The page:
If you could taste me,
I would taste of sour wine, street
dust, stale bread. I am nothing—
a woman in a brown cloak,
unadorned. But how I want
to be beautiful for you, to kneel
at your feet, brush my tears
into your skin. Forgive me—
I love too much. I open my jar,
pour spikenard onto your stone-
bruised feet. My heart is muskroot,
brambles, chipped alabaster.
I wipe myself into you with my hair,
press my lips to your feet,
once, twice. Your hands fill with
my wanting, my hair, little
yellow flowers I wore for you.
This strange desire between us—
you, wanting to save me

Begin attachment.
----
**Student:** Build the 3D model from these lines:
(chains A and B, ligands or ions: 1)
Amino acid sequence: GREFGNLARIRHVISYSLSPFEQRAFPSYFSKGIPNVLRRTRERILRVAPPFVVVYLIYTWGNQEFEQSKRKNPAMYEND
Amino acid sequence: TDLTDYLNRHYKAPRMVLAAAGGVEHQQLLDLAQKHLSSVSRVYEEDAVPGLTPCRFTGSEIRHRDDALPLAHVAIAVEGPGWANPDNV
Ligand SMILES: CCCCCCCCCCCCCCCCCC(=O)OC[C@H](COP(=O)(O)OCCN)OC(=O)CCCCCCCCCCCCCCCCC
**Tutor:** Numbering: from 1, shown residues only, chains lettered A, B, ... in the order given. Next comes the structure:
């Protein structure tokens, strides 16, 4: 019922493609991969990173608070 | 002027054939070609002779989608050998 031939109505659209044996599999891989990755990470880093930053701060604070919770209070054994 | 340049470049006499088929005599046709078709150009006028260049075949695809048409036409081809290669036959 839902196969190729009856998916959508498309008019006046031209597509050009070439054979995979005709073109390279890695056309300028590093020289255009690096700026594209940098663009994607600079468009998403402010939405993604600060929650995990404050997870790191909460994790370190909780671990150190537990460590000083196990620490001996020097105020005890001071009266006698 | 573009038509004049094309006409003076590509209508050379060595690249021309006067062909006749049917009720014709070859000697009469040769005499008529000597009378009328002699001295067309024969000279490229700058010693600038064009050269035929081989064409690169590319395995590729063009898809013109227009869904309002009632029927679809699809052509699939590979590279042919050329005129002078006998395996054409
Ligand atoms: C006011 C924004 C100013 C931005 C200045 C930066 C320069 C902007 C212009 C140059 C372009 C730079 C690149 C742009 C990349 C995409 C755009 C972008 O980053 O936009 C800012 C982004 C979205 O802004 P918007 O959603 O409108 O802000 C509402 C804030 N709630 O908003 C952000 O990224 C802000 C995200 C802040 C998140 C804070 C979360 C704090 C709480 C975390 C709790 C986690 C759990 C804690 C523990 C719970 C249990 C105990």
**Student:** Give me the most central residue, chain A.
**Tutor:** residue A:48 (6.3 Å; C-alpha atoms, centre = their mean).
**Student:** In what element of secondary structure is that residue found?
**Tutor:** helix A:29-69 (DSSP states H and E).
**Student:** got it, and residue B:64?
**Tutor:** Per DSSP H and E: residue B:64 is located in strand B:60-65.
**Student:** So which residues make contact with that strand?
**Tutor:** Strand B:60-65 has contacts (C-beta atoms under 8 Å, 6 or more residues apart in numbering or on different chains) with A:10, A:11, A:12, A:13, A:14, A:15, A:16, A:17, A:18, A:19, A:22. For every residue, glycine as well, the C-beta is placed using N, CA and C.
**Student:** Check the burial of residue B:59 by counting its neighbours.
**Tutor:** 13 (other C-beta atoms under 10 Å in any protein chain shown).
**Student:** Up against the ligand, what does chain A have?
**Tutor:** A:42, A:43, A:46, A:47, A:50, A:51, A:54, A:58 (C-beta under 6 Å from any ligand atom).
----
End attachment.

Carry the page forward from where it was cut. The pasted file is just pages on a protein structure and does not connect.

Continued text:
and me, unable to be saved.
Amanda Auchter the author of The Wishing Tomb, winner of the 2013 PEN Center USA Literary Award for Poetry and the 2012 Perugia Press Book Award, and The Glass Crib, winner of the 2010 Zone 3 Press First Book Award for Poetry. Her recent work appears or is forthcoming at The Huffington Post, CNN, Crab Creek Review, The Indianapolis Review, and The West Review. She lives in Houston, TX.
Image by Destinee Dearbeck